Moderators of the Relation between Shyness and Behavior with Peers: Cortisol Dysregulation and Maternal Emotion Socialization


  • This study was supported by two grants from National Institute of Health awarded to the second author (R03MH67797 and R01MH75750). We extend a special note of appreciation to the children and families who participated in this study. Thanks to the students and staff of the Emotion Development Lab for their hard work collecting and coding the data.

Elizabeth L. Davis, Child Study Center, 101D University Support Bldg I., University Park, PA 16802, USA. Email:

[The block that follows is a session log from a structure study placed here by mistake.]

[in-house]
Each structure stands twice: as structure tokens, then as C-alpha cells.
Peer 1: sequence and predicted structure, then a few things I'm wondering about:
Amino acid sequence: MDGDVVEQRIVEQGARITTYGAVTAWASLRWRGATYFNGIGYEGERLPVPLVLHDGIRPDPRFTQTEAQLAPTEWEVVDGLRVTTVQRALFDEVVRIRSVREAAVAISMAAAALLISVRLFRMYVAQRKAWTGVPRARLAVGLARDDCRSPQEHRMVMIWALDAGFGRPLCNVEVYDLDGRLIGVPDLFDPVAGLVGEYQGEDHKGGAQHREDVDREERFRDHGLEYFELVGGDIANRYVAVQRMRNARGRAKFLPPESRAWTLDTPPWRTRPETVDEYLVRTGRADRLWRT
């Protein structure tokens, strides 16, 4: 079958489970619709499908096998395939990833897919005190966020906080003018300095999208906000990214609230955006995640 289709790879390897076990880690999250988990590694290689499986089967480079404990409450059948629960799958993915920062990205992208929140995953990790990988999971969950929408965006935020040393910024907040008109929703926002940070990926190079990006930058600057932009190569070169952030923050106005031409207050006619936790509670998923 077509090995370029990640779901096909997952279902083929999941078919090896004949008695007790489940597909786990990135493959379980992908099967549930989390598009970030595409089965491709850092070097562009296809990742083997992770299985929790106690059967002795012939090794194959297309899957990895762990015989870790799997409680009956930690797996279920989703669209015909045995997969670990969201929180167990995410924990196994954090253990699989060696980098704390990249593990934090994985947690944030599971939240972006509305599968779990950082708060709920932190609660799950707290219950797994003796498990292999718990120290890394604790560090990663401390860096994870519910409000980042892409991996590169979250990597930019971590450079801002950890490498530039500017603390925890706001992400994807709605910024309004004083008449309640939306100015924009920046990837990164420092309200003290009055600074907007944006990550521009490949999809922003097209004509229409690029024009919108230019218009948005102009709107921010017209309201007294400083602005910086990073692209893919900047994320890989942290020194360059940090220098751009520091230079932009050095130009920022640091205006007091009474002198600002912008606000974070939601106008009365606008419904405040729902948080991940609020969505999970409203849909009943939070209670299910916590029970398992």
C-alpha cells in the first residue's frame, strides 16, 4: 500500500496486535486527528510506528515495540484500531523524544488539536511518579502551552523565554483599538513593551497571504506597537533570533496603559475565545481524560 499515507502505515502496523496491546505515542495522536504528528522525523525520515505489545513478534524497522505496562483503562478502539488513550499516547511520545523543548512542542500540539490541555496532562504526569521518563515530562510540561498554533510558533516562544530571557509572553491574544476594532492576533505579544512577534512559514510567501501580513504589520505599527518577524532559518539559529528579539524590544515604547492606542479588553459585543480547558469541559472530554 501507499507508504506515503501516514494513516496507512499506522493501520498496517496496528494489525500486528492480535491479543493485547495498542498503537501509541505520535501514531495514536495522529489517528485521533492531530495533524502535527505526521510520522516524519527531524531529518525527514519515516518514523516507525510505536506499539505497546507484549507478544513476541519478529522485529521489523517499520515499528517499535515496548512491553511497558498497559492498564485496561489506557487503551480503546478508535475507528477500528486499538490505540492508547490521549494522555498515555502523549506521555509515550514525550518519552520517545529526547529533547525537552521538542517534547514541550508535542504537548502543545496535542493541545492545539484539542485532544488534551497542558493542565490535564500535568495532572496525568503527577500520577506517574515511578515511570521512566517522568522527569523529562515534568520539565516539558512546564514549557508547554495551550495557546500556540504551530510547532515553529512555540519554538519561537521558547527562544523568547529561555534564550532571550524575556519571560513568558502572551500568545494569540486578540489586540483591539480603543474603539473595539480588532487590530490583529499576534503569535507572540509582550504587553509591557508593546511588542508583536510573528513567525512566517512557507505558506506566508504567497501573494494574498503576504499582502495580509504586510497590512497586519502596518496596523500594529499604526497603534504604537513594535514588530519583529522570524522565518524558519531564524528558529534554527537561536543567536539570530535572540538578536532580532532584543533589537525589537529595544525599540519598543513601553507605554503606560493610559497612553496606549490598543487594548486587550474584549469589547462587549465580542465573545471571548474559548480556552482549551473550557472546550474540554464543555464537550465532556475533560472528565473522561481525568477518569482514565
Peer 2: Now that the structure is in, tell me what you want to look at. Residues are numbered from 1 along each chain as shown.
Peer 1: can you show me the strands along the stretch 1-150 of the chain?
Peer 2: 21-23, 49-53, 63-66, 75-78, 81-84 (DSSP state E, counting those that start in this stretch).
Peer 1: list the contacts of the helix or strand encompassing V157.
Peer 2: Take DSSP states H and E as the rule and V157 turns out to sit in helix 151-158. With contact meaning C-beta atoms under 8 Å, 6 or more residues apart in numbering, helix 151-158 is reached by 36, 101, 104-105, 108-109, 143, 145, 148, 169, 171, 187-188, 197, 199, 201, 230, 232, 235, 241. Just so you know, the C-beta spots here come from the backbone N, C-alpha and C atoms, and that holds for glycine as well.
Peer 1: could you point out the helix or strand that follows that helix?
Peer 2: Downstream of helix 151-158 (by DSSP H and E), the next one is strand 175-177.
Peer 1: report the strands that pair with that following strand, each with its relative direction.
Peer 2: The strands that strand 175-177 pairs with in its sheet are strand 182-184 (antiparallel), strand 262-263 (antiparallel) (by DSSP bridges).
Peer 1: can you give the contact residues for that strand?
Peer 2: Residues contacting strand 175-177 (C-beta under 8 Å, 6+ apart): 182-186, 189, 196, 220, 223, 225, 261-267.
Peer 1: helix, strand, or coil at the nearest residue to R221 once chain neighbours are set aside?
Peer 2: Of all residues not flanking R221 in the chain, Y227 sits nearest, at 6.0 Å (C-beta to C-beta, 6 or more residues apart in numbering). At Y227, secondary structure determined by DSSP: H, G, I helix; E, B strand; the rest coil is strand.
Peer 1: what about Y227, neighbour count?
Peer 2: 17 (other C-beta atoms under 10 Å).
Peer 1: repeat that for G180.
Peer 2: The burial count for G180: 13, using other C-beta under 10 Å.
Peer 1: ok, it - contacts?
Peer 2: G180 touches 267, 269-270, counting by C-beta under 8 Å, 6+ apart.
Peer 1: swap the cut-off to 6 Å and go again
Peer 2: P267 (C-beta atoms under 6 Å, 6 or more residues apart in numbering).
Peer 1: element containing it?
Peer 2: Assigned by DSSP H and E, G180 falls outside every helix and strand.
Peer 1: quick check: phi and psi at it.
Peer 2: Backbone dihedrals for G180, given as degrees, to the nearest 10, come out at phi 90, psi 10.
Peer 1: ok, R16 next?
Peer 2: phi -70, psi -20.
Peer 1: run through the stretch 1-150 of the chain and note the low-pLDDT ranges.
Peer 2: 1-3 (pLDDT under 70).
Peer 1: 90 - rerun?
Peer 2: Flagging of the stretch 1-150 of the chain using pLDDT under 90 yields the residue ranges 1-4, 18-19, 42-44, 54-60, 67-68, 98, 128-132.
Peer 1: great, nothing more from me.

This study investigated the relations among shyness, physiological dysregulation, and maternal emotion socialization in predicting children's social behavior with peers during the kindergarten year (N = 66; 29 girls). For shy children, interactions with peers represent potential stressors that can elicit negative emotion and physiological reactions. Behavior during these contexts can be viewed as adaptive (e.g., playing alone) or maladaptive (e.g., watching other children play without joining in) attempts to regulate the ensuing distress. Whether shy children employ adaptive or maladaptive regulatory behaviors was expected to depend on two aspects of emotion regulatory skill: (1) children's physiological regulation, and (2) maternal emotion socialization. Findings supported the hypotheses. Specifically, shy children with poorer cortisol regulation or have mothers who endorsed a higher level of non-supportive emotion reactions engaged in more maladaptive play behaviors whereas shy children with better cortisol regulation or a high level of supportive maternal emotion reactions engaged in more adaptive play behaviors.